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Here_is_to_beer t1_j0ighhf wrote

The Columbia River drains right into the Pacific. Millions of gallons of freshwater pour right into the ocean water. While it seems what google is doing is awfully wasteful, the water wasn't being used anyway.


Outlulz t1_j0iim3b wrote

The Columbia River is important for the salmon lifecycle. It already has it's own set of challenges because of the Bonneville Dam just downstream of The Dalles.


weed_fart t1_j0iiph8 wrote

If you'd bother to read the article, you'd see that they don't use Columbia River water - they take it from the ground and local snowmelt, which is decreasing as the climate warms. They're using up all the local sources of water.


JoeGoats t1_j0ii1wq wrote

Yes, no, maybe. The answer is it depends. It can affect water levels and flow rates down stream which may lead to the reduction of water rights or usage allotments down river. It can also be a huge problem if they're utilizing that much water for cooling and letting it flow back into the river at an increased temperature. Thermal pollution can have a big consequences on the river ecosystem.


Xanthelei t1_j0iypdz wrote

You must not live here if you really think the Columbian is "wasted fresh water." We've taken decades and multiple laws to protect the ecology of our rivers because the majority of the people living up here enjoy our wildlife and ecosystems. The river is a major part of that.

Water that is sustaining life is not "wasted" unless you don't give a shit about the life being sustained.


CmdrShepard831 t1_j0jmpe9 wrote

You're referring to people using it for farming and washing a bunch of fertilizer back into the river or dams blocking spawning flow. Some evaporative cooling isn't going to affect that much of the river (assuming they were pulling from it) and give the desert region some much needed moisture in the air.


Xanthelei t1_j0jpytx wrote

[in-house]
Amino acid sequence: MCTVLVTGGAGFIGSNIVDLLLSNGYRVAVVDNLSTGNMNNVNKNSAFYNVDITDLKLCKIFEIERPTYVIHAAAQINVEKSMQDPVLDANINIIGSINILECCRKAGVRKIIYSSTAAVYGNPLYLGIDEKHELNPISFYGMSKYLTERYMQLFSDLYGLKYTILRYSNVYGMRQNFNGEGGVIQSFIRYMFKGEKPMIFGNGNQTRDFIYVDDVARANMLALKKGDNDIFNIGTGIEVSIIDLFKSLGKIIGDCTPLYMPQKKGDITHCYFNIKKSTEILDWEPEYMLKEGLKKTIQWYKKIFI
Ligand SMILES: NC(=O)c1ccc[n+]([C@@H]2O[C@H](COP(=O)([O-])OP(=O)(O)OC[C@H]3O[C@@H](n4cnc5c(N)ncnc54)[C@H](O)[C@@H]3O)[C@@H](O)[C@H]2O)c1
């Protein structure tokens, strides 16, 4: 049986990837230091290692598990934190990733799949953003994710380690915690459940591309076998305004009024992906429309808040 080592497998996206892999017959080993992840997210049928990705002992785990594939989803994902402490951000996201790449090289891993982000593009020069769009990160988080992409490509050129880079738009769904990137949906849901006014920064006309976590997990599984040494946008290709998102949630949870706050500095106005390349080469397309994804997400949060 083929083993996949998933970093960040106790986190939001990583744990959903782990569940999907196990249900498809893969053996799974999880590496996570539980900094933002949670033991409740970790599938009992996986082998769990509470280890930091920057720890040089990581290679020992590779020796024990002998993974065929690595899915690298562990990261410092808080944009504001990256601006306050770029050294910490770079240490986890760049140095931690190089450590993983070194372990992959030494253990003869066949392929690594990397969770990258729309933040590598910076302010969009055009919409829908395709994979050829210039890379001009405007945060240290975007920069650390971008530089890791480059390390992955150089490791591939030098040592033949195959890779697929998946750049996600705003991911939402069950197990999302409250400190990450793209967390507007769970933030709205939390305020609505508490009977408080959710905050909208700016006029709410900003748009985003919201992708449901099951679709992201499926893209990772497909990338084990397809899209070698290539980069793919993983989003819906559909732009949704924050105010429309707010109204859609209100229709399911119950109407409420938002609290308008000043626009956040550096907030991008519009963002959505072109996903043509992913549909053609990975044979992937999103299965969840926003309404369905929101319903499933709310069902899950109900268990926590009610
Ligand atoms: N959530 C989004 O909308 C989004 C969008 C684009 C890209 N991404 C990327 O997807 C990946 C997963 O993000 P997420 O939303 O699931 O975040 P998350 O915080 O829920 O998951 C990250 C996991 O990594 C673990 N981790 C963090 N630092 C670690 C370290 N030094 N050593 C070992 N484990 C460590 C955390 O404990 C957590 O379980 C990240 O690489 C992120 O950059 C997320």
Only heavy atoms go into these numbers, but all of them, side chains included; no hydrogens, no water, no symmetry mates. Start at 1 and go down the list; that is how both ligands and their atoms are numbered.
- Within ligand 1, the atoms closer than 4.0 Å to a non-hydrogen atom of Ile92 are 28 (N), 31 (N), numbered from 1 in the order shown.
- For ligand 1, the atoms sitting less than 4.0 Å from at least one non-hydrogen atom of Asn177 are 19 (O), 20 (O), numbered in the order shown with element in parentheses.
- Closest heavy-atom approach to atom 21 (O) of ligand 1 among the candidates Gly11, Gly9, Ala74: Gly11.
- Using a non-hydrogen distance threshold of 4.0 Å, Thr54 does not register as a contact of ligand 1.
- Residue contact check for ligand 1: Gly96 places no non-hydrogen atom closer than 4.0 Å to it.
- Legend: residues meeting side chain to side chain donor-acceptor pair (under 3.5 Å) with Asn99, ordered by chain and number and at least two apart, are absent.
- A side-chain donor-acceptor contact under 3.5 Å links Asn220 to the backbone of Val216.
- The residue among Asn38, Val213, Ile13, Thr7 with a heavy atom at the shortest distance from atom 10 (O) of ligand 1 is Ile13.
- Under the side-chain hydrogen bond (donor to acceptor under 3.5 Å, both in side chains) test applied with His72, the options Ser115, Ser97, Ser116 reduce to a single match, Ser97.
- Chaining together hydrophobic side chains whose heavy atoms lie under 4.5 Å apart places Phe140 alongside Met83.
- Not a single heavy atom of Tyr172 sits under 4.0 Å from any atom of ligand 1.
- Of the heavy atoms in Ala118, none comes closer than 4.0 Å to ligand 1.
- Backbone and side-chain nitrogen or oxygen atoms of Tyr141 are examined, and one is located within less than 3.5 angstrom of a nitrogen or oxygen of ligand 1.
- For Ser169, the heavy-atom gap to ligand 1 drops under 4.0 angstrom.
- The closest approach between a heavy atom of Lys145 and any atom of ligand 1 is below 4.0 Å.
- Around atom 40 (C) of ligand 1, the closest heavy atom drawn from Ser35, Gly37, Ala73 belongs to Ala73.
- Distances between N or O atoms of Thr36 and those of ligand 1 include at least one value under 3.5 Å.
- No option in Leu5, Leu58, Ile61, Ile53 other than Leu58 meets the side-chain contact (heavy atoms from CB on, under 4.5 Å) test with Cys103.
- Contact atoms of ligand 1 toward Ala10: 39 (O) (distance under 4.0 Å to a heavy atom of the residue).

Good job showing your lack of knowledge on the history of conservation in the PNW. Or just history if the area in general, since you're referencing dams that were constructed in the 1930s and 1940s. The last damn built on the entire Columbian waterway system was 1975, and they weren't on the Columbian itself.

You should do some VERY basic googling before commenting.


CmdrShepard831 t1_j0jr9nh wrote

Literally nothing about this contradicts anything I've said, genius. You think you're the only person on reddit whose familiar with Oregon, the Columbia Gorge, or conservation efforts that have happened here? Who cares when the Bonneville dam was built? Are you really arguing that the only restoration acts or dam removals have been on the Columbia? Now who's being ignorant? 🙄


Xanthelei t1_j0jxo85 wrote

The people in charge in the 1930s are not the people in charge now. Your first comment acts like the half century between when we were actively building dams and now doesn't exist.


CmdrShepard831 t1_j0jz476 wrote

Anyone familiar with the situation would know in referring to the removal of previously built dams. When was the last time a damn even got built in the United States? Sorry I didn't know you needed every minute detail explained to you.